The ionization energy of aluminum is 577.6kJ/mol. What is the longest wavelength of light to which a single photon could ionize an aluminum atom?

1 Answer
Aug 18, 2016

Answer:

#2.072 * 10^(-7)"m"#

Explanation:

The first thing to do here is to calculate the ionization energy for one atom of aluminium, #"Al"#, by suing the fact that you know the energy needed to ionize one mole of atoms of aluminium.

As you know, one mole of any element contains exactly #6.022 * 10^(23)# atoms of that element, as given by Avogadro's number.

You can thus say that the energy needed to ionize one atomof aluminium is equal to

#577.6 "kJ"/color(red)(cancel(color(black)("mol"))) * (1color(red)(cancel(color(black)("mole Al"))))/(6.022 * 10^(23)"atoms of Al") = 9.5915 * 10^(-22)"kJ / atom"#

Now, the energy of a photon is directly proportional to its frequency as given by the Planck - Einstein equation

#color(blue)(|bar(ul(color(white)(a/a)E = h * nu color(white)(a/a)|)))#

Here

#E# - the energy of the photon
#nu# - its frequency
#h# - Planck's constant, equal to #6.626 * 10^(-34)"J s"#

Use the above equation to calculate the frequency of a photon that carries enough energy to ionize a single atom of aluminium

#E = h * nu implies nu = E/h#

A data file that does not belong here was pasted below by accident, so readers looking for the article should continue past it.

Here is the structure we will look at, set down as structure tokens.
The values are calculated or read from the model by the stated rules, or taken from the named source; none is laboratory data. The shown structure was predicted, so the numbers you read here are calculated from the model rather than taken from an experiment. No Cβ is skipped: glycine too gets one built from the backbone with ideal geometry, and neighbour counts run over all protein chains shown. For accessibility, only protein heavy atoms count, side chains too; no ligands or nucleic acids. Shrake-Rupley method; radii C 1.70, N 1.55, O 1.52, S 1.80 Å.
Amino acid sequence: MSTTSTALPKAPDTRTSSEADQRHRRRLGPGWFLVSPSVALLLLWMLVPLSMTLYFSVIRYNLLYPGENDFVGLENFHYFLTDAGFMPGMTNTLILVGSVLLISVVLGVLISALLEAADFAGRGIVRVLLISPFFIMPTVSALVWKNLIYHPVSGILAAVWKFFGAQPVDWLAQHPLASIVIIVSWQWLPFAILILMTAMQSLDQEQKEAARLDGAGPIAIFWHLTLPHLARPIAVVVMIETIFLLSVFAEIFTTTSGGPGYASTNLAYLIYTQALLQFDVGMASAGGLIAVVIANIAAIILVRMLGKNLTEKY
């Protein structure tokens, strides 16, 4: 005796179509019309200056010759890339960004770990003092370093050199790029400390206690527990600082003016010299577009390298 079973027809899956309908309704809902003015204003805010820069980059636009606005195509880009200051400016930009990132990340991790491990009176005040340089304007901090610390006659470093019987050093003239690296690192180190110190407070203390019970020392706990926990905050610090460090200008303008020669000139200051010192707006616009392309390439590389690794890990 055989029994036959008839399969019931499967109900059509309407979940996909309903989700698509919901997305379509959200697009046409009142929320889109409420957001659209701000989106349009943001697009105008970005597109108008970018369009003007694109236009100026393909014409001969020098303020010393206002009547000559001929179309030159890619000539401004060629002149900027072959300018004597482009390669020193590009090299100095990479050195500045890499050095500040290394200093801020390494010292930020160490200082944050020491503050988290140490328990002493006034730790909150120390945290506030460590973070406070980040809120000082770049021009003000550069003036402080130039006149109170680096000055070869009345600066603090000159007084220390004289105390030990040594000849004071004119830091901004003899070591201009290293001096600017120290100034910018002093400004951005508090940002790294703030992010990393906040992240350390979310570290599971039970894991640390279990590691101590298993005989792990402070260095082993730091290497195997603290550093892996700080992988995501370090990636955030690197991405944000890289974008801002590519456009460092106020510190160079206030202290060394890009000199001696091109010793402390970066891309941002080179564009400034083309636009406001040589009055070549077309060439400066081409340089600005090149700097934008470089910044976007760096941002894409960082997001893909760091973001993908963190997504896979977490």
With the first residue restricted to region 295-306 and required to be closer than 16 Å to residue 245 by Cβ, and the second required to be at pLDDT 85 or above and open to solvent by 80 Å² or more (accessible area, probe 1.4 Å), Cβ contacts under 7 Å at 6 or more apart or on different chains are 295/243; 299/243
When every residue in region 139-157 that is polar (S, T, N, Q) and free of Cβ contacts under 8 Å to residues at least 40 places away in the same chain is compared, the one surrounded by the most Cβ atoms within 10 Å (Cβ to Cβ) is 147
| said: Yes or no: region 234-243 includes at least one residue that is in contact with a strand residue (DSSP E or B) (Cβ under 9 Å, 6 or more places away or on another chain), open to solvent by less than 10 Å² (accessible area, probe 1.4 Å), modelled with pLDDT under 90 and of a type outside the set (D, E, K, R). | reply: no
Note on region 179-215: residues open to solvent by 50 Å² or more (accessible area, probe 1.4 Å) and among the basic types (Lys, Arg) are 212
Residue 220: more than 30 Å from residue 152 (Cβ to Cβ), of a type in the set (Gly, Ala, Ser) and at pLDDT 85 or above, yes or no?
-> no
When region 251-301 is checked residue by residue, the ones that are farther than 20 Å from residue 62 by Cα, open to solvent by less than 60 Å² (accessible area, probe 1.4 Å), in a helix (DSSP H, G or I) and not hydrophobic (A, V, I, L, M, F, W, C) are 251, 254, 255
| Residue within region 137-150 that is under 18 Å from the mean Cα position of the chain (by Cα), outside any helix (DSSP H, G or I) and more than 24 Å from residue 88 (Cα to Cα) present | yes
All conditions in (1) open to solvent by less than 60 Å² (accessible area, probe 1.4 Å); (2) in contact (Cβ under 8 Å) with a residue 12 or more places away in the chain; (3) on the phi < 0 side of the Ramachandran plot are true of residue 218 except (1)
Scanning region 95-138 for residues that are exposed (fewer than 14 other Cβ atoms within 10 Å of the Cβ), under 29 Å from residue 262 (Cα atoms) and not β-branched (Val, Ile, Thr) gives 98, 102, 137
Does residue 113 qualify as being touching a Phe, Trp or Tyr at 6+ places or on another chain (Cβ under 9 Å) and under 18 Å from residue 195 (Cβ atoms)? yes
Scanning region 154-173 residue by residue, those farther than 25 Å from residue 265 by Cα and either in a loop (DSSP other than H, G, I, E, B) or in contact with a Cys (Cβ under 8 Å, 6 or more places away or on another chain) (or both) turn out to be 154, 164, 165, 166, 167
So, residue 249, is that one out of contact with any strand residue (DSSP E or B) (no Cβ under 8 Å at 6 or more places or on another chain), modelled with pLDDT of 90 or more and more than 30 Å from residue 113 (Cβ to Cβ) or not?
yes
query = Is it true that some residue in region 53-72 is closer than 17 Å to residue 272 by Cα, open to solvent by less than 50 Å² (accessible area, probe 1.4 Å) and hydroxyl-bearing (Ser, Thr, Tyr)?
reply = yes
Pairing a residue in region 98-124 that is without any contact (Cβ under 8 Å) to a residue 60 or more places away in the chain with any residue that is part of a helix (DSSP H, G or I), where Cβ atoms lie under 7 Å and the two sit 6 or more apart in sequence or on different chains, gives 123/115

Notice that Planck's constant is expressed in joules second, #"J s"#, which means that you must convert the ionization energy from kilojoules per atom to joules per atom

#E = (9.5915 * 10^(-22) * 10^(3)color(red)(cancel(color(black)("J"))))/(6.626 * 10^(-34)color(red)(cancel(color(black)("J")))"s") = 1.4476 * 10^(15)"s"^(-1)#

Now, the frequency of a photon has an inverse relationship with its wavelength as given by the equation

#color(blue)(|bar(ul(color(white)(a/a)lamda * nu = c color(white)(a/a)|)))#

Here

#lamda# - the wavelength of the photon
#c# - the speed of light in a vacuum, usually given as #3 * 10^8"m s"^(-1)#

Rearrange this equation to solve for #lamda#

#lamda * nu = c implies lamda = c/ (nu)#

Plug in your values to find

#lamda = (3 * 10^8"m" color(red)(cancel(color(black)("s"^(-1)))) )/(1.4476 * 10^(15)color(red)(cancel(color(black)("s"^(-1))))) = color(green)(|bar(ul(color(white)(a/a)color(black)(2.072 * 10^(-7)"m")color(white)(a/a)|)))#

The answer is rounded to four sig figs.